Anorexia nervosa and alcohol problems are both issues that behavioral family therapy can address. Ball & Mitchell (2004) found through their research that with anorexic clients and their families BFT had shown a high trend towards less negative communication after treatment. The research had also shown that significant improvements over time included eating attitudes and behaviors, self-esteem, depression, and state anxiety (Ball & Mitchell, 2004). Regarding alcohol problems, Lipps (1999) found that reinforcement is important in behavioral family therapy. When involving the family in the process of changing an alcoholic’s behavior supporting the reinforcement from the family towards the family member is particularly important. It is important for family members to reinforce the modification of the environment so that drinking behaviors are changed (Lipps, 1999). Operant conditioning can also be utilized with changing an alcoholic’s behavior with family members. When behavioral family therapy addresses alcoholism it assumes that environmental factors manipulate behavior from members (Lipps, 1999). Both, anorexia and alcoholism use a type of reinforcement to work within the context of behavioral family therapy to push for changes within family members.

Due to the openness of behavioral family therapy, my family and I went through BFT numerous times, but each time there was a different situation being addressed. Going through behavioral family therapy for the first time when I was younger, my family and I needed help dealing with my ADHD. I was having trouble in school and at home. Our therapist worked with my parents in training them how to respond to desirable behaviors and how to ignore negative behaviors. I was reinforced through the behaviors that my parents displayed towards me. Eventually, my behavior started to change into more positive and desirable ways. I began doing my homework and started doing my chores at home. Concentration was hard for me, but in time with behavioral therapy and medication my ability to concentrate gradually increased. Behavioral family therapy has helped me and my family deal with a hardship. By working through this hardship with my family in therapy I learned to love school and I am now in my masters, somewhere my parents and I never thought I’d be.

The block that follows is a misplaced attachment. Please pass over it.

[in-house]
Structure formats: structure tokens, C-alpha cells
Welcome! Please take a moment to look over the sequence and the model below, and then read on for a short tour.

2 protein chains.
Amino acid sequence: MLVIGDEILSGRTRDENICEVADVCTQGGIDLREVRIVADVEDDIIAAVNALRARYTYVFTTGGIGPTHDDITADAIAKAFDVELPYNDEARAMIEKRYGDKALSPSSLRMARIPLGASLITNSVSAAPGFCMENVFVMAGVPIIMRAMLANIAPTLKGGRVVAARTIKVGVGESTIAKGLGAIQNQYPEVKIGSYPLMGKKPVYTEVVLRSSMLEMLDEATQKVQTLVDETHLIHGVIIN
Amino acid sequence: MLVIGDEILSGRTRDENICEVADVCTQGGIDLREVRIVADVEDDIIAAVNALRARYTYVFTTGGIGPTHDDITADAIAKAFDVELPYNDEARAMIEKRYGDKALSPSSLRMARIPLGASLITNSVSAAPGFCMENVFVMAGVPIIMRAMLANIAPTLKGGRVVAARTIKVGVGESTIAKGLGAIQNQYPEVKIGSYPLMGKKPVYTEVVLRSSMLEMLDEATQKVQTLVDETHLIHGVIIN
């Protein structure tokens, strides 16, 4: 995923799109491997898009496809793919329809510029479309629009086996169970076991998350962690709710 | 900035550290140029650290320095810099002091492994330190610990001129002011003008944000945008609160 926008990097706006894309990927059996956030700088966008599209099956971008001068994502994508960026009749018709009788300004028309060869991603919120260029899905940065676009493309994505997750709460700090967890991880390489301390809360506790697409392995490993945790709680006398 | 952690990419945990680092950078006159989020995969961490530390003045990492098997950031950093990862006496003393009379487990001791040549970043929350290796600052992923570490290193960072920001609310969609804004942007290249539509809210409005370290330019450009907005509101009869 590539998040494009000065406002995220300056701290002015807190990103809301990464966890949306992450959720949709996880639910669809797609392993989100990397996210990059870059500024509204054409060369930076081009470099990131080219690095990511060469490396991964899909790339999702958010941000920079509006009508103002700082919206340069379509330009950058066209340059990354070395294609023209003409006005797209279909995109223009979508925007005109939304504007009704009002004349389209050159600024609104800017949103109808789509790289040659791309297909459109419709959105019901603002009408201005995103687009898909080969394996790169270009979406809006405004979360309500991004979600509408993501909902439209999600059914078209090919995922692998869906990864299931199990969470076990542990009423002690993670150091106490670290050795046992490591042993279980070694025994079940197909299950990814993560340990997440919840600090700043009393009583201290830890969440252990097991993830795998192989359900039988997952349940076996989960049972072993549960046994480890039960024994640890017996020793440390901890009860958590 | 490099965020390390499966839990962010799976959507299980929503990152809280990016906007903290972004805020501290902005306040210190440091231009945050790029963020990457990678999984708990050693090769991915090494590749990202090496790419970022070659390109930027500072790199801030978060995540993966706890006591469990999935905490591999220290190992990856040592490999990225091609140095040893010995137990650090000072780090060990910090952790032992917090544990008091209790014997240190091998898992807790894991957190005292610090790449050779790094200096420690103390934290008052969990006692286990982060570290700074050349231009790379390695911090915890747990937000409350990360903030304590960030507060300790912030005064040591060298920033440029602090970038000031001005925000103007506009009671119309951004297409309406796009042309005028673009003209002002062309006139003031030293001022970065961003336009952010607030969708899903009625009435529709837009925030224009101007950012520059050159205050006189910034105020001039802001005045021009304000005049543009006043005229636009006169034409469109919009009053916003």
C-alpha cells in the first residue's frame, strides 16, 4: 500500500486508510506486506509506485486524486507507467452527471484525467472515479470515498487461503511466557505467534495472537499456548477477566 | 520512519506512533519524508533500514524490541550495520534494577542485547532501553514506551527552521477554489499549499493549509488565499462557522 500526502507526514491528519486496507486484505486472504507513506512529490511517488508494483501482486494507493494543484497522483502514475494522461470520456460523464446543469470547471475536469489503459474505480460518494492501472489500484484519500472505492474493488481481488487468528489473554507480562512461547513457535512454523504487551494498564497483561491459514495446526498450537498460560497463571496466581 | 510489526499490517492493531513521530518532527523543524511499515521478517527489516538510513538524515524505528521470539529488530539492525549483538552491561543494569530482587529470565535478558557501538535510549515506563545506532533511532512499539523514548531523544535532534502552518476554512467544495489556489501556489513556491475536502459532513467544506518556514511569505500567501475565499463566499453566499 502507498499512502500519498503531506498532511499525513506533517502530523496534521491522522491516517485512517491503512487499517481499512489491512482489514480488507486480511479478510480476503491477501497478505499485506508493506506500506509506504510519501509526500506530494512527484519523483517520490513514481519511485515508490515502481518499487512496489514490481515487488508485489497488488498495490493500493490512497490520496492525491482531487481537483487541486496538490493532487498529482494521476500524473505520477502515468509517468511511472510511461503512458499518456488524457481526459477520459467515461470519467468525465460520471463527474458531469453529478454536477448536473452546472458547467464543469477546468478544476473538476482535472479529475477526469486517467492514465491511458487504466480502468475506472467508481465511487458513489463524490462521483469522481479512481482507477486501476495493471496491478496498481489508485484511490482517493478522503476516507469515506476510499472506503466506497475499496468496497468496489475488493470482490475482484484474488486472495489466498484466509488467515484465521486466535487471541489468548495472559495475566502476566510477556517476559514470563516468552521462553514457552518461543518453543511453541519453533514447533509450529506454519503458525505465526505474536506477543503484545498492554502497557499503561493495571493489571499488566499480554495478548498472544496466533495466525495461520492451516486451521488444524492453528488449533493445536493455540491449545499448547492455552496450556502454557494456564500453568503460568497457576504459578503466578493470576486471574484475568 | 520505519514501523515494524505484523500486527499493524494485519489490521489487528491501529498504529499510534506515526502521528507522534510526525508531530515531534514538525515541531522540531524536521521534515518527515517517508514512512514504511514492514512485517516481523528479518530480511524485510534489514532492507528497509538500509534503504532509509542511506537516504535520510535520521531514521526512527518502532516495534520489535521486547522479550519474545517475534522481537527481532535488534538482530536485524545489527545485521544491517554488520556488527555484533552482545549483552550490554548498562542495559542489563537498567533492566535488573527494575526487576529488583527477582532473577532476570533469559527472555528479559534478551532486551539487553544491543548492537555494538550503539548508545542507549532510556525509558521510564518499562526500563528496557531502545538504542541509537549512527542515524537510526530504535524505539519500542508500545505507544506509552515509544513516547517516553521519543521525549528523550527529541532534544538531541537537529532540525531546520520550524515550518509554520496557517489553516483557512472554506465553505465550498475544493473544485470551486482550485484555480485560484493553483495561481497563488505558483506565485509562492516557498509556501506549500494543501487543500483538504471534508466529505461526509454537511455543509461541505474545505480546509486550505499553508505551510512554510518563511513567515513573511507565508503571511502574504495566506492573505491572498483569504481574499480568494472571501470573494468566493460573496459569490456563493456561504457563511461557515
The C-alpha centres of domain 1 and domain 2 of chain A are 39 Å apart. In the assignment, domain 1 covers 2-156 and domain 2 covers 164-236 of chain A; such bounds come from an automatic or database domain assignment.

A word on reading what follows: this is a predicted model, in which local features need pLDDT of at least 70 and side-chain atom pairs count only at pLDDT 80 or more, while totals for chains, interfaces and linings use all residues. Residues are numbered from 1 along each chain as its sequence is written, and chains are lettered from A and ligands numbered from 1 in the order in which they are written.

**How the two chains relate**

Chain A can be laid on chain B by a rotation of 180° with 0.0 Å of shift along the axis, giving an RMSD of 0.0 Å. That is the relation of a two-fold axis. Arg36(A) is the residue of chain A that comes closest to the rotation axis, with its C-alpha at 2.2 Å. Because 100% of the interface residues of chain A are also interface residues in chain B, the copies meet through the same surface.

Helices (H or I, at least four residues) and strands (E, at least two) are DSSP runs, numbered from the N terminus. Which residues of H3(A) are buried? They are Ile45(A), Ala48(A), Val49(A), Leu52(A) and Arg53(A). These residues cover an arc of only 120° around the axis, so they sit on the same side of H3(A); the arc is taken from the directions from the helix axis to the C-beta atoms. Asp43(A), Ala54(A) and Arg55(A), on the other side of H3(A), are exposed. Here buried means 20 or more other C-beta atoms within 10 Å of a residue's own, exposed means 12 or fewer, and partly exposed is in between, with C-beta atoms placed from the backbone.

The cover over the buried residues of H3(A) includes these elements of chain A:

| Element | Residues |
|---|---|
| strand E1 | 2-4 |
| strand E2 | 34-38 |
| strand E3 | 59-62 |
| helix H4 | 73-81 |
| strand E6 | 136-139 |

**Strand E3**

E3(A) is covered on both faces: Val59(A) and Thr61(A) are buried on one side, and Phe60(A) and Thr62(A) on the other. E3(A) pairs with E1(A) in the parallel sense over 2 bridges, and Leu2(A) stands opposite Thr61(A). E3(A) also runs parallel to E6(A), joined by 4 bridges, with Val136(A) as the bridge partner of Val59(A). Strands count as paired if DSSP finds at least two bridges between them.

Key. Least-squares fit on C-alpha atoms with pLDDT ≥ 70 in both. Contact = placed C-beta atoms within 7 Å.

Behavioral family therapy addresses numerous issues and involves several interventions that can be used to work within the specific family system. This type of therapy not only puts the family members in the driver seat, but allows the family to work, support, and value the relationships and changes in their system (Campbell, 2004). Behavioral family therapy also allows the family to acquire new skills and these new skills help open communication and trust with in the family (Campbell, 2004). Overall, behavioral family therapy gives the family choices in how they want to run their sessions. The therapist allows the family to run the session while educating and teaching the family techniques along the way. Along with the numerous techniques, it is important for individuals going into BFT to take control and engage in their therapy. Without trying and wanting change, behavioral family therapy can only give the family what the family wants to take from the therapy.